Akron Rubber Strike of 1936

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Akron Police Clash with Strikers.jpg
Akron police clash with strikers from the Goodyear Tire & Rubber Company, Akron, Summit County, 1938.

In the late nineteenth and early twentieth centuries, factory workers faced poor working conditions, low wages, and almost no benefits. This was true for the workers employed by rubber manufacturers in Akron, Ohio, such the Goodyear Tire and Rubber Company, B.F. Goodrich, and Firestone. In an attempt to alleviate their conditions, workers established a union named the United Rubber Workers in 1935. The following year, this union organized its first major strike within Akron's rubber industry.

The strike began as a protest against a plan created by Goodyear to reduce wages and increase the pace of production. The workers utilized the concept of the "sit-down" strike. In the past, when workers went on strike they would leave the factory to join picket lines. Company owners often hired "scab" laborers to cross the picket lines and continue production. The practice of using scab labor made it difficult for striking workers to obtain their demands. In contrast, in a sit-down strike, workers quit working but still occupied their places within the factory. This process meant that the factory owners could not send in additional workers to continue the job. In addition, factory management was more reluctant to use private security forces or other strikebreakers to intimidate the striking workers, as that approach threatened destruction to plant property.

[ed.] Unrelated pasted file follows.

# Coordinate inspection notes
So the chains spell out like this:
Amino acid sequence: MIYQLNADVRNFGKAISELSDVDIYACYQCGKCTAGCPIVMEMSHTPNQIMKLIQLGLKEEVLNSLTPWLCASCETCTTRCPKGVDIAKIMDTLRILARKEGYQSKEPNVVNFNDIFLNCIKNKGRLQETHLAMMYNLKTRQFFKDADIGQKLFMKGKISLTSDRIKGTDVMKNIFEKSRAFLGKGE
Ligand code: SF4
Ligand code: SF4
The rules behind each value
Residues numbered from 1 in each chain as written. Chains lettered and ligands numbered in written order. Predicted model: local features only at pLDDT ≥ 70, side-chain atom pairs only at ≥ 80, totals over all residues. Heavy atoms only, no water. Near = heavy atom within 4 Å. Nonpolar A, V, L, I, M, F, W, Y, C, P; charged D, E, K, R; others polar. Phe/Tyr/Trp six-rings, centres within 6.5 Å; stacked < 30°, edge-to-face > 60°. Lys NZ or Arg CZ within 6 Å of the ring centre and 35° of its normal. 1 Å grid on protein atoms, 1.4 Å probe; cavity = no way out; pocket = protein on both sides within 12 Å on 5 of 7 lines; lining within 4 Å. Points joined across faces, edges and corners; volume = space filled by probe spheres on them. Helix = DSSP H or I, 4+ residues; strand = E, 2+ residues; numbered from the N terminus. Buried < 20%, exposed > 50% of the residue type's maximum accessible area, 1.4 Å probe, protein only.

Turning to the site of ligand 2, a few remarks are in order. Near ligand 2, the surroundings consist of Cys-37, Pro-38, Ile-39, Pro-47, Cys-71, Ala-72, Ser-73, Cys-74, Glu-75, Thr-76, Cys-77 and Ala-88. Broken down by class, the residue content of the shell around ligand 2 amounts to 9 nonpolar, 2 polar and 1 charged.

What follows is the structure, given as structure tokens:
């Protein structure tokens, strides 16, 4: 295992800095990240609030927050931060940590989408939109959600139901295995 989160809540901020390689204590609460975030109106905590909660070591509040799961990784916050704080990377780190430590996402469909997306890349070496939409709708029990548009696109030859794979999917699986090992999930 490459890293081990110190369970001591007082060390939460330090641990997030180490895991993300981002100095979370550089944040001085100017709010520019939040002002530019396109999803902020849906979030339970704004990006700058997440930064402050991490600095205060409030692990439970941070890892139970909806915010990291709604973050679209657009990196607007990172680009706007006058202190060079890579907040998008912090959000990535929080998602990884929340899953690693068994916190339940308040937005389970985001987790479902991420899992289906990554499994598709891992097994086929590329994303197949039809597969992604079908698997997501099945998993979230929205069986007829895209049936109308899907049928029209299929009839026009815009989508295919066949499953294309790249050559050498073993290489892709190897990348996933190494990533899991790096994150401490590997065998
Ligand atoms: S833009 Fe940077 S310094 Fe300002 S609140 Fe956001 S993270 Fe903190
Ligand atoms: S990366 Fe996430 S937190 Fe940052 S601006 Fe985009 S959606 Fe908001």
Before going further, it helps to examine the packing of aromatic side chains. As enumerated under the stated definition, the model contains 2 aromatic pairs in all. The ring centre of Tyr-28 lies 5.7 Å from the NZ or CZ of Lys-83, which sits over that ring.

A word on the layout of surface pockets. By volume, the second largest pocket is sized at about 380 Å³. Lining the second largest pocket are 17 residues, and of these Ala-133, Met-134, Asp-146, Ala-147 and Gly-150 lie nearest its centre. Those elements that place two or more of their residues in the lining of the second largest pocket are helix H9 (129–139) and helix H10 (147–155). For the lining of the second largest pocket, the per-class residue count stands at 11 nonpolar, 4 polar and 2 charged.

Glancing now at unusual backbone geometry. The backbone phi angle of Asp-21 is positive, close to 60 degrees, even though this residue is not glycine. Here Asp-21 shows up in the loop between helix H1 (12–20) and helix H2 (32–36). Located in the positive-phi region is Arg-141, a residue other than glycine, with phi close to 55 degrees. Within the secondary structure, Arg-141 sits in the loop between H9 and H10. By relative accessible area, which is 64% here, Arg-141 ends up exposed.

In addition to the sit-down strike, the rubber workers also organized long picket lines in protest. Akron's mayor, Lee D. Schroy, attempted to send in the police to put down the strike, but the police officers refused to do so when they faced the thousands of organized workers. In the long term, Goodyear was forced to recognize the United Rubber Workers and negotiate better contracts with workers.

Several reasons existed for the workers' success in this strike. First, sit-in strikes made it much more difficult for employers to replace their striking workers. Equally as important in this strike was the federal government's recent passage of the Wagner Act. This legislation made unions legal for the first time in United States history. Finally, the United Rubber Workers belonged to a larger organization, the Congress of Industrial Organizations (CIO). The CIO consisted of an umbrella organization for multiple unions. These unions worked together by providing both moral and material support to CIO-member unions, especially when these member unions went on strike.

See Also

References

  1. Bernstein, Irving. Turbulent Years: A History of the American Worker, 1933-1941. Boston, MA: Houghton Mifflin, 1970.  
  2. Galenson, Walter. The CIO Challenge to the AFL: A History of the American Labor Movement, 1935-1941. Cambridge, MA: Harvard University Press, 1960.